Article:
According to Sharma, more than half of the raw materials come from India and the rest from China, Bangladesh and European countries. Similarly, the rising cost of raw materials in the international market is also adding to the cost for Nepali pharmaceutical companies. “Production of raw materials and intermediate products has reduced in the international market basically due to the disruption in supply chains and our cost has gone up by 2-3 folds as a result,” mentions Sharma.  

Besides this, the difficulty in collecting payment dues from the market has become another major challenge for domestic pharmaceutical companies causing problems for the firms to manager their cash-flow.  

According to a Nepal Economic Forum report, the size of the Nepali pharmaceutical market in 2020 was estimated at Rs 53 billion. As per official statistics, the country imported medicines worth Rs 28.65 billion while the total production of domestic companies amounted to Rs 24 billion last year. According to APPON, 59 pharmaceutical companies are in operation currently and 26 are in the pipeline.

It is estimated that Nepali products have a share of around 50 percent in the domestic medicine market. Dahal says that domestic production is able meet 70 percent of the total demand of medicines in Nepal. It is estimated that Nepali products have a share of around 50 percent in the domestic medicine market. Dahal says that domestic production scaled up to meet up to 70 percent of the total demand of medicines in Nepal.

Entrepreneurs say that the government needs to support the domestic pharmaceutical industry to prevent a disaster during crisis situations. They claim that if a favourable environment is created, domestic companies will be able to produce medicines used for treatment of patients of emergency cases and serious health conditions. Sharma of Deurali-Janata says that that the government has lately allowed domestic companies to conduct clinical trials of certain medicines. “Our company is currently conducting the phase-III clinical trial of the antiviral medicine Favipiravir on Covid-19 patients in Kathmandu, Pokhara and other major cities,” he says, adding, “It is for the first time that a clinical trial of a medicine is being carried out in the country.”

According to Dahal, Nepali producers are capable of producing medicines of international quality. He says that medicines produced by Nepali pharmaceutical companies meet the pharmacopoeia standards of United States, United Kingdom and India. He suggests the Drugs Administration Authority (DDA) to conduct timely inspection and testing of the medicines delivered in the market to ensure the quality. Dahal also says that there is a need to ease the bureaucratic hassles faced by producers. “We face hassles while seeking approval for the use of formula of new drugs. But the situation is different for foreign brands as they receive such approvals easily,” he mentions.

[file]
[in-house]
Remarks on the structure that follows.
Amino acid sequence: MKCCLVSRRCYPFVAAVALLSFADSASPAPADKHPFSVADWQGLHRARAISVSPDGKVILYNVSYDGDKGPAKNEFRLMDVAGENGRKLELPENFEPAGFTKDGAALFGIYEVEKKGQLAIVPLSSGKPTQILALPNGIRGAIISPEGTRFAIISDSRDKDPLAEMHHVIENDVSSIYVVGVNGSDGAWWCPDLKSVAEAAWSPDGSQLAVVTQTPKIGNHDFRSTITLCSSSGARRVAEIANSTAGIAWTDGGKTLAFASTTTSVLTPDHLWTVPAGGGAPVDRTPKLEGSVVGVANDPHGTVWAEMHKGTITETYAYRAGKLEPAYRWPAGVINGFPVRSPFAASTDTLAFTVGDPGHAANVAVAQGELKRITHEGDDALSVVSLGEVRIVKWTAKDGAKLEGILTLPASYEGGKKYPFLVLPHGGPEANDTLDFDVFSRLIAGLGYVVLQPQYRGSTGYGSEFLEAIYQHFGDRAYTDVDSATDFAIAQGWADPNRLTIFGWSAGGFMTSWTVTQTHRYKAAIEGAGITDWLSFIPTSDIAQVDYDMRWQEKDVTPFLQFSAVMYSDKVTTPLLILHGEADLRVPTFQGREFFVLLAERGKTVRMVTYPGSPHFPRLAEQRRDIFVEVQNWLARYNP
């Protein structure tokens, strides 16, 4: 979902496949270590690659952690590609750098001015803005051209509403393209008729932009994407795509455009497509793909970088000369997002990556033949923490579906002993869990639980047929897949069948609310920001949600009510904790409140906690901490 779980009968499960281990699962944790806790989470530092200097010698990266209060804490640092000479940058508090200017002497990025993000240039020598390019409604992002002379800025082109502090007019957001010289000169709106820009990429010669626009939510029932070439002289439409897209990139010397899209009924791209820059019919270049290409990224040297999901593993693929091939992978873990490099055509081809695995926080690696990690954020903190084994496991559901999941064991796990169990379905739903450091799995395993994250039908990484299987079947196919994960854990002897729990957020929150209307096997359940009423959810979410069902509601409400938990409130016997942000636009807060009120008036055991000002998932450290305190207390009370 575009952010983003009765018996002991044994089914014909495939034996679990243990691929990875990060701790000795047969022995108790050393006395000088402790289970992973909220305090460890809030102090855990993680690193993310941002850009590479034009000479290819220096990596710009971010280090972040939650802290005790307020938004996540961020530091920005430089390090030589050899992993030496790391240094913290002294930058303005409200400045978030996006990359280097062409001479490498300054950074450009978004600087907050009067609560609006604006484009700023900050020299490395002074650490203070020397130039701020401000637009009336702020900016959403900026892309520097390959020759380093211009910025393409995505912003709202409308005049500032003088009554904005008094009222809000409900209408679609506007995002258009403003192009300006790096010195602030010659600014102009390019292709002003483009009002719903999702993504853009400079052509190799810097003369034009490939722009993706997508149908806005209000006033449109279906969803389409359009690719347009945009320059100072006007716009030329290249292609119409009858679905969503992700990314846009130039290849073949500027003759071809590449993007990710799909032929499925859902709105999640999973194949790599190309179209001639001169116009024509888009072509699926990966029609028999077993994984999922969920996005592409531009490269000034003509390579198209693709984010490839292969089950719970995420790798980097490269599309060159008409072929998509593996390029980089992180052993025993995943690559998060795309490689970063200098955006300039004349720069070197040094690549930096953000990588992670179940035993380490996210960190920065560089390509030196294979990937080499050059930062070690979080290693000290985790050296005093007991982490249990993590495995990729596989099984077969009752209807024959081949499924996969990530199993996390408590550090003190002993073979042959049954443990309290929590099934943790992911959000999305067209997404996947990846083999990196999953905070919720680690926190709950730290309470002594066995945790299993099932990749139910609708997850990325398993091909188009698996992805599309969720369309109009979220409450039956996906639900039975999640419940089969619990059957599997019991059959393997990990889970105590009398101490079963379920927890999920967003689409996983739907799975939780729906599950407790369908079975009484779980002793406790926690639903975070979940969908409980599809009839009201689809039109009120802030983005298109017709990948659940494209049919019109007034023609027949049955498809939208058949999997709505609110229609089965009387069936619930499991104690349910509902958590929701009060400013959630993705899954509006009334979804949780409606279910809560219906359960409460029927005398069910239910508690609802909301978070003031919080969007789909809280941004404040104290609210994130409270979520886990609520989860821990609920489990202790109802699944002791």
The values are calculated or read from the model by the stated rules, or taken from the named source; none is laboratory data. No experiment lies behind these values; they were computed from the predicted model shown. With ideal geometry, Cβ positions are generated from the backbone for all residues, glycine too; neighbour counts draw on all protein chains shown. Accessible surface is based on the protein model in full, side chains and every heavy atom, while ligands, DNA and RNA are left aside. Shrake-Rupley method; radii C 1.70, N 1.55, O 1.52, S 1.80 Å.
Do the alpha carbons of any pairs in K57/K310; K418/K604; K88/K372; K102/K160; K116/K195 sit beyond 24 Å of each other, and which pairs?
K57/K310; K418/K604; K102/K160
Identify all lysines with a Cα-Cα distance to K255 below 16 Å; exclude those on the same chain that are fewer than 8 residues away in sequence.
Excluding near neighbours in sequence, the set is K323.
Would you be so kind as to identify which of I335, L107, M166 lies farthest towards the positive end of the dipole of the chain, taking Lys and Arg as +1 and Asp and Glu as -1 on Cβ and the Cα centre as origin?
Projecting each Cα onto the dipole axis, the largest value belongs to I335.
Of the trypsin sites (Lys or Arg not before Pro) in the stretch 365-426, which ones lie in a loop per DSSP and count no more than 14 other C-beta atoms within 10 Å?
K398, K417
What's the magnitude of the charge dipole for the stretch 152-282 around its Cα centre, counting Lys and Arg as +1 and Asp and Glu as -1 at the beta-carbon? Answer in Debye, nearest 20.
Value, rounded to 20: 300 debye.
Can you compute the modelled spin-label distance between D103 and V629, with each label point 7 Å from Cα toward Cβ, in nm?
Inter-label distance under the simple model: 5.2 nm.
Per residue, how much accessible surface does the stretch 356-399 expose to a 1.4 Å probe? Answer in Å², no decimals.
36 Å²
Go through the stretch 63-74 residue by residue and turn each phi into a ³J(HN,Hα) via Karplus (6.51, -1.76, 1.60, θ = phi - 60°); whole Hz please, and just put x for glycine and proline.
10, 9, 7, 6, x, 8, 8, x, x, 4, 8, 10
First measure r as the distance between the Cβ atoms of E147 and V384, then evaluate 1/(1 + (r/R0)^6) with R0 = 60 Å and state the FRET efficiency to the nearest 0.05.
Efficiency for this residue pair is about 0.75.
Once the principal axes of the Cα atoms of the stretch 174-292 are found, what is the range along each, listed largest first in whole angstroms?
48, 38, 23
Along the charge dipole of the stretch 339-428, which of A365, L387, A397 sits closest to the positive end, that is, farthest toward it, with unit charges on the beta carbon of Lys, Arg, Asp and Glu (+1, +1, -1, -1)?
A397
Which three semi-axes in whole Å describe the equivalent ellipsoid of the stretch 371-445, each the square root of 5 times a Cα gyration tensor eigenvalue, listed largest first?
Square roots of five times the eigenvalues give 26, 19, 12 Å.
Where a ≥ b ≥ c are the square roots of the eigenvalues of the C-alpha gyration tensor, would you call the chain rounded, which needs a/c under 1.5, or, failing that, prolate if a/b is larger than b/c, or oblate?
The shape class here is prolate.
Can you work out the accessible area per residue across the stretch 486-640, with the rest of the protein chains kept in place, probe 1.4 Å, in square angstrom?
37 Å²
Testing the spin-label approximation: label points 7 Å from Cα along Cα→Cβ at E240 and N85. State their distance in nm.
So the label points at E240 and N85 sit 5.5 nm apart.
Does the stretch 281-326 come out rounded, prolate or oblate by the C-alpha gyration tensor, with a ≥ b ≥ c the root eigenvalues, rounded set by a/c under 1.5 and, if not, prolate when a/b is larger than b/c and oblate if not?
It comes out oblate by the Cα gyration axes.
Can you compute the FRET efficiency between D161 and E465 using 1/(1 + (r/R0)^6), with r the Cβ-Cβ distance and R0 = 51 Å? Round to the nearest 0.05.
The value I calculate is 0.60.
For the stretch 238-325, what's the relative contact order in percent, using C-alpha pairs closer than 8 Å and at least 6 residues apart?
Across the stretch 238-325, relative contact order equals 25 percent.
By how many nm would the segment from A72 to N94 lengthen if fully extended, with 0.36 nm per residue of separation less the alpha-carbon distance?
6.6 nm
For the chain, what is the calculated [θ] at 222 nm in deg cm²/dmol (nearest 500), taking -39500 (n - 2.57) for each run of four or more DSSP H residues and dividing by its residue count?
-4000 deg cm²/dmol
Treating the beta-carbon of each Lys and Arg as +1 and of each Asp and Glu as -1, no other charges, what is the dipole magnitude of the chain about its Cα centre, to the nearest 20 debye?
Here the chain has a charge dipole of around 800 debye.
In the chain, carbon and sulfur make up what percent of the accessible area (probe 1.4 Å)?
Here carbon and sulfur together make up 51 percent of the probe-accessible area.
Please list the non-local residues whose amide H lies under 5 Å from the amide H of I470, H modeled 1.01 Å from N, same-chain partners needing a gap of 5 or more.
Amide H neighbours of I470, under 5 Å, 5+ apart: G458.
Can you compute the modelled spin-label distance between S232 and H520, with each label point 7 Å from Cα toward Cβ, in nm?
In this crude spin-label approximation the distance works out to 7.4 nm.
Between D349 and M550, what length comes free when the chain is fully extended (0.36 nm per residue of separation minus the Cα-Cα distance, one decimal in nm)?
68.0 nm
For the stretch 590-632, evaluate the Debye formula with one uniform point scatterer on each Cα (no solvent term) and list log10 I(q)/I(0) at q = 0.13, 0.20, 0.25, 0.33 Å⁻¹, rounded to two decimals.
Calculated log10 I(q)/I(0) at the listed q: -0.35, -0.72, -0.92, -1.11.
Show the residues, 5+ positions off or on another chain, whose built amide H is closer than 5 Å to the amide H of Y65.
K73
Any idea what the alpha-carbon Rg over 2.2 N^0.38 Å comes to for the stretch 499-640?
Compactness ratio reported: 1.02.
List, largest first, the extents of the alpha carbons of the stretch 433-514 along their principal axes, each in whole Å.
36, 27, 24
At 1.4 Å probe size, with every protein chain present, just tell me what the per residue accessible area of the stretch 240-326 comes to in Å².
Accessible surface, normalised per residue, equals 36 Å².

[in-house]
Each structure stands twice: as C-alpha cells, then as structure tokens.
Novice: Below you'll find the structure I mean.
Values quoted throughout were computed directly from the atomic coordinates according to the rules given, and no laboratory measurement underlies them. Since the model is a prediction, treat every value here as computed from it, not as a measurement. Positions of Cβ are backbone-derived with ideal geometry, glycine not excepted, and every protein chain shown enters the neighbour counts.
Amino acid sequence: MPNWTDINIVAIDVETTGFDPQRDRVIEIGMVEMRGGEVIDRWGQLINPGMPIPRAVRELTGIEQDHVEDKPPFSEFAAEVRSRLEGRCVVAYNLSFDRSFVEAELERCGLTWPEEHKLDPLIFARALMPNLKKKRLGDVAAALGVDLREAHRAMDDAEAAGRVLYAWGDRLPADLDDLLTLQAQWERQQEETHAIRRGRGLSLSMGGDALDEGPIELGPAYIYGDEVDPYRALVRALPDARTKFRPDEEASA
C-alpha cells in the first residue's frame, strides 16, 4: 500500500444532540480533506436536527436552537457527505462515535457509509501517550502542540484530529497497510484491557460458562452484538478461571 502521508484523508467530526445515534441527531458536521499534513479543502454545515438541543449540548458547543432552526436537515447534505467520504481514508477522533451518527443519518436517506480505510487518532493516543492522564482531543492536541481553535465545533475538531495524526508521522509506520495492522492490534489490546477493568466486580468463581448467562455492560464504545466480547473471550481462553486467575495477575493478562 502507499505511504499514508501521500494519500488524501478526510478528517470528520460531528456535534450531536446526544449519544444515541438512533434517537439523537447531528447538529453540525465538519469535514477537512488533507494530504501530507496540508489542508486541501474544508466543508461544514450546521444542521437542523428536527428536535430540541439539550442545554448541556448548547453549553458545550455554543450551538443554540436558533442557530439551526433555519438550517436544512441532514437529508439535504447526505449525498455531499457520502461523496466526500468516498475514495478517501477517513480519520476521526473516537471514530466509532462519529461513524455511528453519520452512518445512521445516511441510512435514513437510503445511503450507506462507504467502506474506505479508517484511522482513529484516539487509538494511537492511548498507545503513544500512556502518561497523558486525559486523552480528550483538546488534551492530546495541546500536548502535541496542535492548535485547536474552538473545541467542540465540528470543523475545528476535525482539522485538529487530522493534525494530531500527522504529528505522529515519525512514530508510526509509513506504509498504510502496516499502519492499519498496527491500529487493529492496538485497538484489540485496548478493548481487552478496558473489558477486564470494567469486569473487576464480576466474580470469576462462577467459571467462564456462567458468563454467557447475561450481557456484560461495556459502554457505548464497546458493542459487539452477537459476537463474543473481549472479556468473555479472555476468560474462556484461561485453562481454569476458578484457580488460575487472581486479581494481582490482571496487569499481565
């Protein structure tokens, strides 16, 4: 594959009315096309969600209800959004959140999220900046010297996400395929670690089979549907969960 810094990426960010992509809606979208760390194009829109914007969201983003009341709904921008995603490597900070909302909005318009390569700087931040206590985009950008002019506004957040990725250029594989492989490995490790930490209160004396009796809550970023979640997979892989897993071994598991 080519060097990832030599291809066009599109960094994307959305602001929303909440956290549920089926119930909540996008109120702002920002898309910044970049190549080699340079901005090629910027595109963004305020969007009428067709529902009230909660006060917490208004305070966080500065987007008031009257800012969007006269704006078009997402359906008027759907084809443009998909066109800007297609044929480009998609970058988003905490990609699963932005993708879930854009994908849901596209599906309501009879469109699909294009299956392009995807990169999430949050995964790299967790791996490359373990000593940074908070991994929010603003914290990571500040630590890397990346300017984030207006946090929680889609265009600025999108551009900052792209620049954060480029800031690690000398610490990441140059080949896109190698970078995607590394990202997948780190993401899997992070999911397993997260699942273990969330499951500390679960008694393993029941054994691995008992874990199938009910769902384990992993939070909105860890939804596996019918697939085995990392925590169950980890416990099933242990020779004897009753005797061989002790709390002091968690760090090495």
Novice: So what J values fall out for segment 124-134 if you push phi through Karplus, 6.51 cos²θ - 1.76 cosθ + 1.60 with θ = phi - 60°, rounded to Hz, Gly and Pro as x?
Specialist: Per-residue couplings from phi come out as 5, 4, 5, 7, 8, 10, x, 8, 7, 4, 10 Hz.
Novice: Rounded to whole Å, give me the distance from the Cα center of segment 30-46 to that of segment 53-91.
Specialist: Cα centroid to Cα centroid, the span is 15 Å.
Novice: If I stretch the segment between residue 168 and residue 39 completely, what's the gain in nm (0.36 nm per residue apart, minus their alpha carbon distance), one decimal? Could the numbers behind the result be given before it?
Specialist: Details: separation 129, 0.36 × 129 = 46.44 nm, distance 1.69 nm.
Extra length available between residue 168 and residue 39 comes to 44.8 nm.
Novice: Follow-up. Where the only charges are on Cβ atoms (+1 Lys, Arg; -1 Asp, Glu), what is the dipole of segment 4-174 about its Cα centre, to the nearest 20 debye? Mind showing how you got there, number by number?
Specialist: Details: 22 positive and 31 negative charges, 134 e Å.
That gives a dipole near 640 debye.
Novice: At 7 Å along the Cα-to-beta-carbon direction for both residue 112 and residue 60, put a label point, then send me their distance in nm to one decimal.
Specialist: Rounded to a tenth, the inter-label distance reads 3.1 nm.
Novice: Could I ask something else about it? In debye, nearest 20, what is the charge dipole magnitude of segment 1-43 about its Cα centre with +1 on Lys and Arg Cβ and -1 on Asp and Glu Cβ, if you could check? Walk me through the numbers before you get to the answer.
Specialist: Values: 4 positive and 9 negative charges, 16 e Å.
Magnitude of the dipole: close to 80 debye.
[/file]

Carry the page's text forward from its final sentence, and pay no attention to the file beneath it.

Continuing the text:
Pharmaceutical producers say that the government’s indifference to implement previously announced measures also hinders the growth of domestic companies. When Gagan Thapa was the Minister for Health in 2016-17, the Health Ministry announced a tax waiver on the import of raw materials. But it has not been implemented yet. Similarly, prices for 50 types of paracetamol-based medicines, oral rehydration salts and zinc supplements haven’t been adjusted for over a decade, say producers. “The government in 2008 fixed the consumer price of a paracetamol tablet at Re 1 which now costs us Rs 1.56 to manufacture. The international price of raw material to produce it has gone up many times over these years,” claims Dahal, who adds, “This has eroded our capacity to compete with foreign medicine brands.”

According to producers, restricting imports of drugs and other pharmaceutical products that Nepal is self-reliant in can aid to the growth of the domestic pharmaceutical industry. Ghimire of Asian Pharmaceuticals says that Nepal is self-sufficient in producing some 70 types of drugs including most types of tablets, syrups, and creams and ointments at present. APPON immediate past president Dahal says that such restrictions will also help Nepali companies to gradually begin the production of high-value medicines like insulins, monoclonal antibiotics and even vaccines in the future. “Technically speaking, Nepali pharmaceutical companies are even capable of exporting medicines if supported by the government. So, the government should list the pharmaceutical industry in the priority sector and provide subsidised loans, tax rebates on the import of machinery and raw materials and bring in anti-dumping policies to safeguard the industry,” he says.